Farmers face a complex landscape for 2021, above and beyond the usual variables that affect them — such as, quite recently, drought and windy weather that is stirring up dust and a potentially harsh spring here in the MonDak.
Not only is America still struggling with economic recovery from the COVID-19 pandemic — which is itself threatening to resurge on the strength of COVID-19 variants amid slower-than-hoped vaccinations — but there is a new sheriff on board, with very different priorities than the previous federal administration, and that shift in focus includes agriculture.
“Elections matter, votes matter, and they matter for agricultural policy,” said MSU professor of agricultural economics Dr. Vincent Smith. “The first, most obvious thing is, compared to the Trump administration, there will be a very different approach to trade.”
The Biden administration has already appointed a U.S. trade representative who has a long history of working on multilateral agreements, Katherine Tai.
“They’re almost certainly going to roll back the one-on-one bilateral tariff war with China,” Smith said. “So many people would say well didn’t the Trump administration already accomplish that. And the answer is yes and no. There was a commitment from China to buy a fairly substantial amount of U.S. soybeans, corn and other traditional program crops.”
But whether China would follow through was a big question. Meanwhile, the Biden administration has engaged directly with China on the tariffs.
“There’s an agreement to lower those tariffs substantially for a three-month period, as a first step to returning to what most economists would argue are more normal trade negotiation relationships,” Smith said. “And that’s also been done with Europe.”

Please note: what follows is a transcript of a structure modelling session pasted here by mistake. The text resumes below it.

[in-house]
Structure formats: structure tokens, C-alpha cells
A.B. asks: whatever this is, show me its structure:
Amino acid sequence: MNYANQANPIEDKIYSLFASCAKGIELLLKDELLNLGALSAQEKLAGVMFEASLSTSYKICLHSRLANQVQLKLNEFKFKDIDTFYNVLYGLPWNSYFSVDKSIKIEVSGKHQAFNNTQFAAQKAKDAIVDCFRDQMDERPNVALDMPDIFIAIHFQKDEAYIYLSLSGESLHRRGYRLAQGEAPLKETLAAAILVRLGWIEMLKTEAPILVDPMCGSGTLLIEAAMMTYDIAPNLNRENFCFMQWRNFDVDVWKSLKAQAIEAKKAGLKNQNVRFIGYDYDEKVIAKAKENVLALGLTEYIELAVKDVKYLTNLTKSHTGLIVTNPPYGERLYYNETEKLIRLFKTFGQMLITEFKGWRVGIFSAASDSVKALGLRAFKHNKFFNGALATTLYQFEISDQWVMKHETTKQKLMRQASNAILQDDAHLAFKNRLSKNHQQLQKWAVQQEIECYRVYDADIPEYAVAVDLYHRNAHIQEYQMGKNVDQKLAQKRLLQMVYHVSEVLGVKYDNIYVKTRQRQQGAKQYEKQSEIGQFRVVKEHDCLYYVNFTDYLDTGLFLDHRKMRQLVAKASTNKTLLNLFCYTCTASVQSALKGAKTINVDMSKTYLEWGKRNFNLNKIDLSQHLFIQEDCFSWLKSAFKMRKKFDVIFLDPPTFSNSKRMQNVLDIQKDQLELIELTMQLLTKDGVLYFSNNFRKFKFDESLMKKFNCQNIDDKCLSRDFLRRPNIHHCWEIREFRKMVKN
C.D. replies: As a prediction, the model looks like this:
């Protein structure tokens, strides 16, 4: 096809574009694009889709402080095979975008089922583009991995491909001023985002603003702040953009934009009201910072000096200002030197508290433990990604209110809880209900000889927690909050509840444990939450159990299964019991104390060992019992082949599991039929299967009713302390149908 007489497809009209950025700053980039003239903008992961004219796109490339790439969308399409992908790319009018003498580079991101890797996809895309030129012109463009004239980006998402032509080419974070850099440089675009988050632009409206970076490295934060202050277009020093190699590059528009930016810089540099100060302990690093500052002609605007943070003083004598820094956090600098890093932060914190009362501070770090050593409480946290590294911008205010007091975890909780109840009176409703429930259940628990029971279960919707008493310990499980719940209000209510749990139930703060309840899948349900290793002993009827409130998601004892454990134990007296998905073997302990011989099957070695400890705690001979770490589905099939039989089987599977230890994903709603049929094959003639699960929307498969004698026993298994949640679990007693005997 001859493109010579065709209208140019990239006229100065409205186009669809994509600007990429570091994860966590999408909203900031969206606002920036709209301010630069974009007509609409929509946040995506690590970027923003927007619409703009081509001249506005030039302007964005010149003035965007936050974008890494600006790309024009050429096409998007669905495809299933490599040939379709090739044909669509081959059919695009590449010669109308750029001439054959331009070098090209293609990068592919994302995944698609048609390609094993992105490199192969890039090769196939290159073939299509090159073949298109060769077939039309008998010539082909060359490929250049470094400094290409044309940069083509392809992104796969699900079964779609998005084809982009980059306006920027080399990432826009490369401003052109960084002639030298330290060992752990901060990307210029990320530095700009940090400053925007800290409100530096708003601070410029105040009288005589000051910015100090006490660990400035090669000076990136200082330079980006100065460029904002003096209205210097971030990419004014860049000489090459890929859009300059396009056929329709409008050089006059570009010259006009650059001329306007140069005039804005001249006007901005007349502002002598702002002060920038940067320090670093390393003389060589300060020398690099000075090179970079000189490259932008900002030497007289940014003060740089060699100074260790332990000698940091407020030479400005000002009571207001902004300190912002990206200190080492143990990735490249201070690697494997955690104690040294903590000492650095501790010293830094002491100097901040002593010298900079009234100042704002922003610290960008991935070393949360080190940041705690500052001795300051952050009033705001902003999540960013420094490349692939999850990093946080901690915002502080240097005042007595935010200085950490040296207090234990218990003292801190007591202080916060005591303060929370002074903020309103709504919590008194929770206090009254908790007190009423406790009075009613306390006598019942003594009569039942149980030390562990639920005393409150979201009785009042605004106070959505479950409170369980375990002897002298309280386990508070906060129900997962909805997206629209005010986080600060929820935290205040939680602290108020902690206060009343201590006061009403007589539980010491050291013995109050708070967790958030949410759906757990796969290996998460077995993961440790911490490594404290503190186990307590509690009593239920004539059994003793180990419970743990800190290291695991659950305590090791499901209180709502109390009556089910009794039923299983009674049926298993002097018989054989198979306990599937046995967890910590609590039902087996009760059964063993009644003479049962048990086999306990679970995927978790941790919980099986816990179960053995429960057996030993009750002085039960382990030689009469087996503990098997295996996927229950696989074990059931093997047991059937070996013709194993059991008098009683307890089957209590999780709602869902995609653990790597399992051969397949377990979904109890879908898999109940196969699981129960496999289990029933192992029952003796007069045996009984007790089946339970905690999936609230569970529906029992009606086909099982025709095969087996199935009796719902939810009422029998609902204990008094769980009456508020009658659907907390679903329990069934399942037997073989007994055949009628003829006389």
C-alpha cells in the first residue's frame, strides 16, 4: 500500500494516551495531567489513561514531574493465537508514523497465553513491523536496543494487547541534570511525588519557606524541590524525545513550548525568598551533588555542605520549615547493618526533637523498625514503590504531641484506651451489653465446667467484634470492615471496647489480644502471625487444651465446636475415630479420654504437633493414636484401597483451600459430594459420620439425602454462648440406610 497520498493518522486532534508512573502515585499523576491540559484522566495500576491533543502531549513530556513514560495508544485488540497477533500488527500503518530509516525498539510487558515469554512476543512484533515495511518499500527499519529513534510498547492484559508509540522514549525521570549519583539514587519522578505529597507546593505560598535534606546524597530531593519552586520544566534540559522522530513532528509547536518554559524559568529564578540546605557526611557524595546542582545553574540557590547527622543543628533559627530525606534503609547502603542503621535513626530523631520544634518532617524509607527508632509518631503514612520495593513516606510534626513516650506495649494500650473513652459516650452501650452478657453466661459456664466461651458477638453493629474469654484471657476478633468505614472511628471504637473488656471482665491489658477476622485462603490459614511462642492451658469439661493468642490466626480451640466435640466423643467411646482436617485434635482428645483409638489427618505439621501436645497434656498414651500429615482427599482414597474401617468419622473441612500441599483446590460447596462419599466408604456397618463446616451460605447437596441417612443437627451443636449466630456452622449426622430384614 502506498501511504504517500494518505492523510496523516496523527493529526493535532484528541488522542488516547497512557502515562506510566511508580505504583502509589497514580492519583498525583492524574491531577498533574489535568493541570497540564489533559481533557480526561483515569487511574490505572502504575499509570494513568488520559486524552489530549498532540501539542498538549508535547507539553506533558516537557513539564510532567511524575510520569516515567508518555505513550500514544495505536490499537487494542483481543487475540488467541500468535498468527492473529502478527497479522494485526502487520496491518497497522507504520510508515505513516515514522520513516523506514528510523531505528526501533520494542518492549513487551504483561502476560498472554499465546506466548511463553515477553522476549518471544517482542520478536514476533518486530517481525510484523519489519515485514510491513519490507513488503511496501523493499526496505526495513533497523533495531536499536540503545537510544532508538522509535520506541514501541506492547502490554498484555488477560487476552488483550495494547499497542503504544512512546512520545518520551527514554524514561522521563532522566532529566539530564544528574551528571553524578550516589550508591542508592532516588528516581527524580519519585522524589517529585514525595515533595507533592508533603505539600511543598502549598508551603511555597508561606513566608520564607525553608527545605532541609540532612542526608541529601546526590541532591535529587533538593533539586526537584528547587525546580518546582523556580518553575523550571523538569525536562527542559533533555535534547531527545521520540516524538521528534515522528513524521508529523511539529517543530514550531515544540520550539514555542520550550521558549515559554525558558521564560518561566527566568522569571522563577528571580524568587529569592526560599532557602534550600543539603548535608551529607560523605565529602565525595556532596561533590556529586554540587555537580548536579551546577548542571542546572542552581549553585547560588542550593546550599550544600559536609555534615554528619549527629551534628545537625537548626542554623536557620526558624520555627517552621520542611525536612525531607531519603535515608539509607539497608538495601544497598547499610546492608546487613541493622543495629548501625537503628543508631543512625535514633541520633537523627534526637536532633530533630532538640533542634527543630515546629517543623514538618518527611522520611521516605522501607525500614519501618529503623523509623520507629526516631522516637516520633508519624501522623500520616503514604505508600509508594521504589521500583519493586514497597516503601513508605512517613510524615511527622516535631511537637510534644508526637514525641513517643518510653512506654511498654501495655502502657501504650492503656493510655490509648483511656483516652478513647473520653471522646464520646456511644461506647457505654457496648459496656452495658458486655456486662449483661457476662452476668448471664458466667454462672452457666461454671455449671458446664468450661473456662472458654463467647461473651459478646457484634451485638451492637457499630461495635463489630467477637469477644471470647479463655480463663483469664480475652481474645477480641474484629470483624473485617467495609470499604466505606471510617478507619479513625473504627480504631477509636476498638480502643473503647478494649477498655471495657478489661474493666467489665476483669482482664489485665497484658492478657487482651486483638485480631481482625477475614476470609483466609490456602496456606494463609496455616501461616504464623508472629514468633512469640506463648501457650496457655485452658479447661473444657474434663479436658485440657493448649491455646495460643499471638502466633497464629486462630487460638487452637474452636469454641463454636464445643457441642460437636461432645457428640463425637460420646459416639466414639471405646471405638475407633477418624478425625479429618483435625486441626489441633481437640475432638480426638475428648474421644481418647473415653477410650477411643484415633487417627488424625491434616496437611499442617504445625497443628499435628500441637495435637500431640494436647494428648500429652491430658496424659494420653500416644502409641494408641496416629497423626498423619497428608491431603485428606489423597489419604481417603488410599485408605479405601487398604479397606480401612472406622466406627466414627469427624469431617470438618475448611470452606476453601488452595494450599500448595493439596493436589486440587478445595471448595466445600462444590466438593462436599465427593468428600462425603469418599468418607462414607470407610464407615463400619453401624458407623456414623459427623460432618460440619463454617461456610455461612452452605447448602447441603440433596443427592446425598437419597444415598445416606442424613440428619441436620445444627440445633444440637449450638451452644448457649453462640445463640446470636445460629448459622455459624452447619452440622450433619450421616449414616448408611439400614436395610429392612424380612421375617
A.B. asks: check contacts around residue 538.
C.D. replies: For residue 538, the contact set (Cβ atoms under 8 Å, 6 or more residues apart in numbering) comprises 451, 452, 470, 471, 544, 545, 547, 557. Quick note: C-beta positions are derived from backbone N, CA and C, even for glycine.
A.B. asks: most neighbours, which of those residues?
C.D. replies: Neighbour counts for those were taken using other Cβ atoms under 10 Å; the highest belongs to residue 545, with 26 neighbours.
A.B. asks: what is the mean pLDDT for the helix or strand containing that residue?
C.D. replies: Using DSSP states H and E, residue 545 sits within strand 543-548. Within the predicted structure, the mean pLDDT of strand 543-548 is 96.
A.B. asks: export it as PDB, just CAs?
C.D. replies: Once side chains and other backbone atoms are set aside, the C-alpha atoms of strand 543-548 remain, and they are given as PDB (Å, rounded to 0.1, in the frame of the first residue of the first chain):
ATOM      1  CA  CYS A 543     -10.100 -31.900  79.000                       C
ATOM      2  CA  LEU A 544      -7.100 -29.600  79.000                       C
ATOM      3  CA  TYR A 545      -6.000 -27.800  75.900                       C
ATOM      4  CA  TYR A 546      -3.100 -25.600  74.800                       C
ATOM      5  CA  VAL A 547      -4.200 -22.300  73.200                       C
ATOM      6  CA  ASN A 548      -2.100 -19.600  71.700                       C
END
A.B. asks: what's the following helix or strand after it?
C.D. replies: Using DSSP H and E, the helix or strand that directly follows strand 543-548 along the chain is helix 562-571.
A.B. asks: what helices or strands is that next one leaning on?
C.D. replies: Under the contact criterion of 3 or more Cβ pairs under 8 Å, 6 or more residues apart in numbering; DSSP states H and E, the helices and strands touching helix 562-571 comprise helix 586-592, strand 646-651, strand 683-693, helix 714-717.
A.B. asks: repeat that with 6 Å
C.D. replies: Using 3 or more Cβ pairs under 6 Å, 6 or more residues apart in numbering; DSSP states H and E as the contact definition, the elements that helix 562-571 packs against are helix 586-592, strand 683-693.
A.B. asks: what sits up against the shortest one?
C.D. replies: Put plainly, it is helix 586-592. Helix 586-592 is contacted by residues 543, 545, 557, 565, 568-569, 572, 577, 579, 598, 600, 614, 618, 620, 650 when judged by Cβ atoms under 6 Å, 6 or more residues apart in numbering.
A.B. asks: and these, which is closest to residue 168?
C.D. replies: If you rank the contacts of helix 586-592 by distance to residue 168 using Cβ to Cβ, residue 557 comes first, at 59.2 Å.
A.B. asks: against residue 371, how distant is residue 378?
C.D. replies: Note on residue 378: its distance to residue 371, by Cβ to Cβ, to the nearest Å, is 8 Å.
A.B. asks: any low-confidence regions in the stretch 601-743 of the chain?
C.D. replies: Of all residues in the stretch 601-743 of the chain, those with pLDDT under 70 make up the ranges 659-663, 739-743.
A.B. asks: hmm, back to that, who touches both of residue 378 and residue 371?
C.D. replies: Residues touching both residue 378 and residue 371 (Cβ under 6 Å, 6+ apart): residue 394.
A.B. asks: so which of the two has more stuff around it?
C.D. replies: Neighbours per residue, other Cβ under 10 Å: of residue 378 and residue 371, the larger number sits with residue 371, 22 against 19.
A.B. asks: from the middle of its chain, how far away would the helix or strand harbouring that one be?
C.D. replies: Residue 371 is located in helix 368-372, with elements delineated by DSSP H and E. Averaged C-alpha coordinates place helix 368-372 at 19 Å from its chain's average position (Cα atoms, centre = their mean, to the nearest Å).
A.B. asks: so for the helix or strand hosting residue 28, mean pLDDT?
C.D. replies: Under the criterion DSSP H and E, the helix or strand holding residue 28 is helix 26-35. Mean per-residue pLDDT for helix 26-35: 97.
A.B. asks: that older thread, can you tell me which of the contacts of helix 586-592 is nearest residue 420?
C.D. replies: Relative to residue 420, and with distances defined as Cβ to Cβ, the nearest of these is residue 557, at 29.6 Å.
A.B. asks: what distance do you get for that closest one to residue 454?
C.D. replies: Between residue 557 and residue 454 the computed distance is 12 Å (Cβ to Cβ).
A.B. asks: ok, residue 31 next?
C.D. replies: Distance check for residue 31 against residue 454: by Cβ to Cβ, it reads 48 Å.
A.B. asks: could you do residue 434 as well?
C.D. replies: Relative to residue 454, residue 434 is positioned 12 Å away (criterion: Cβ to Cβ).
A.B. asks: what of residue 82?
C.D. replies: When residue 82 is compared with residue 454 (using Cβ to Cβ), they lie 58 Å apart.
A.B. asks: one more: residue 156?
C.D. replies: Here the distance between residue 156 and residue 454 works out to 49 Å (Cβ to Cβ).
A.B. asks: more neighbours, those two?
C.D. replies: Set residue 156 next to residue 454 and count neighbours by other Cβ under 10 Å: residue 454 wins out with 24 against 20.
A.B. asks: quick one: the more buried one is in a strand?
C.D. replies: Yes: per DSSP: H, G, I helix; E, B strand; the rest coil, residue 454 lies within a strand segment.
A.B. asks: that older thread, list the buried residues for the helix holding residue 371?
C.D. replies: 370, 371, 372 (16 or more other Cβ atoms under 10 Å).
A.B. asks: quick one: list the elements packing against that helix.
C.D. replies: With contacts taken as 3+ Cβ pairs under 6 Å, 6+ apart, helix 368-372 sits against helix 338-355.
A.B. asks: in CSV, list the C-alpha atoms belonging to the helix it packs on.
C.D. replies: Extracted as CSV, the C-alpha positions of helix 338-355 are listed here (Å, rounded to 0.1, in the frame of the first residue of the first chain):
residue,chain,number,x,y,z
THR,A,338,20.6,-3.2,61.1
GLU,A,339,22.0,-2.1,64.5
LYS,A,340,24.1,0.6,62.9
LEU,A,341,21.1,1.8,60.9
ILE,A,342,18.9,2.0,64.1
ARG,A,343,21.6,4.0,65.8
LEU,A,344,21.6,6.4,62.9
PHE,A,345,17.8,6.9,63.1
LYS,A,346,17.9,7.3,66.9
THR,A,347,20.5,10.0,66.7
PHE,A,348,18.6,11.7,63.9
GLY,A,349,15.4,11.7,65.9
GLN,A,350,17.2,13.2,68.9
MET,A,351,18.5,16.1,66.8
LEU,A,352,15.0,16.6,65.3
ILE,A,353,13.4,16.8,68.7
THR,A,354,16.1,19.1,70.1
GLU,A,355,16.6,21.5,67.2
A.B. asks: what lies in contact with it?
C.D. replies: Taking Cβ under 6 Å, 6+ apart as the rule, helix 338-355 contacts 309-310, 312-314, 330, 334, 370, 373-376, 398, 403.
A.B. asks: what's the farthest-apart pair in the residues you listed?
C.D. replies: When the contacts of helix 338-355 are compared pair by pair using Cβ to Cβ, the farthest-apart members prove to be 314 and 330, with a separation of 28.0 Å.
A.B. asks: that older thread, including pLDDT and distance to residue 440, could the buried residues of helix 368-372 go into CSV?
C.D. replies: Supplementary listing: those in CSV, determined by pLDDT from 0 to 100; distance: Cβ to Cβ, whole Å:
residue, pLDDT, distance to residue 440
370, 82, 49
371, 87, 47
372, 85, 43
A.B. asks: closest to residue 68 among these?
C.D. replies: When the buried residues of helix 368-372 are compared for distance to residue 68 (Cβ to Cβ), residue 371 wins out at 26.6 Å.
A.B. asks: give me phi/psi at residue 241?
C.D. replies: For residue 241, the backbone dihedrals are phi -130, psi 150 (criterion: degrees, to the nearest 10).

Meanwhile, the Biden Administration has already signaled a shift toward conservation-related programs, including CSP and CRP, which will focus in on farm-level innovations that have a climate change rationales behind them.
Funding from the COVID-19 relief bill for farmers also shifted focus. That money has been targeted toward beginning and socially disadvantaged farmers.
Against this landscape, there is also concern about the future direction of the next Farm Bill, and the preservation of safety net programs.
“The average farm family has a higher household income than the average U.S. family and the average taxpayer,” Smith said. “And those may become important issues in the (2023) Farm Bill debate.”
There are many competing interests that are being pushed by both the party in power and the party not in power right now. Among the discussions that could gain traction is the increasingly severe budget deficit outlined in a recent report from the Congressional Budget Office.
“The context may be, we are spending too much money in general. Which programs is it politically least costly for us to cut?” Smith said. “Is it a program that affects let’s say 40 million people — that would be the SNAP program — or a program that effectively benefits, when you distill where the monies go on the farm subsidy programs, around about 200,000 to 250,00 farms. Because those are the farms that get 90 percent of all subsidy payments right now.”
That kind of calculus has the Farm Bureau and other major farm interest groups nervous about what may happen to the funding traditionally available to agricultural safety nets.
“The Farm Bureau’s current president, Zippy Duvall, received a great deal of flack a few weeks ago from his members at the annual Farm Bureau meetings for engaging and seriously talking with the federal government, particularly about agricultural programs focused on climate change,” Smith said. “Mr. Duvall’s response to his members was, if we’re not at the table, we’re not at the table. And if we’re not at the table our losses could well be greater. And in both contexts, from the perspective of his constituents his position seems entirely sensible.”
Meanwhile, Republican minority leader Sen. Mitch McConnell has already signaled an interest in deficit reduction, Smith said. He has also, based on past history, not been a strong supporter of farm subsidies.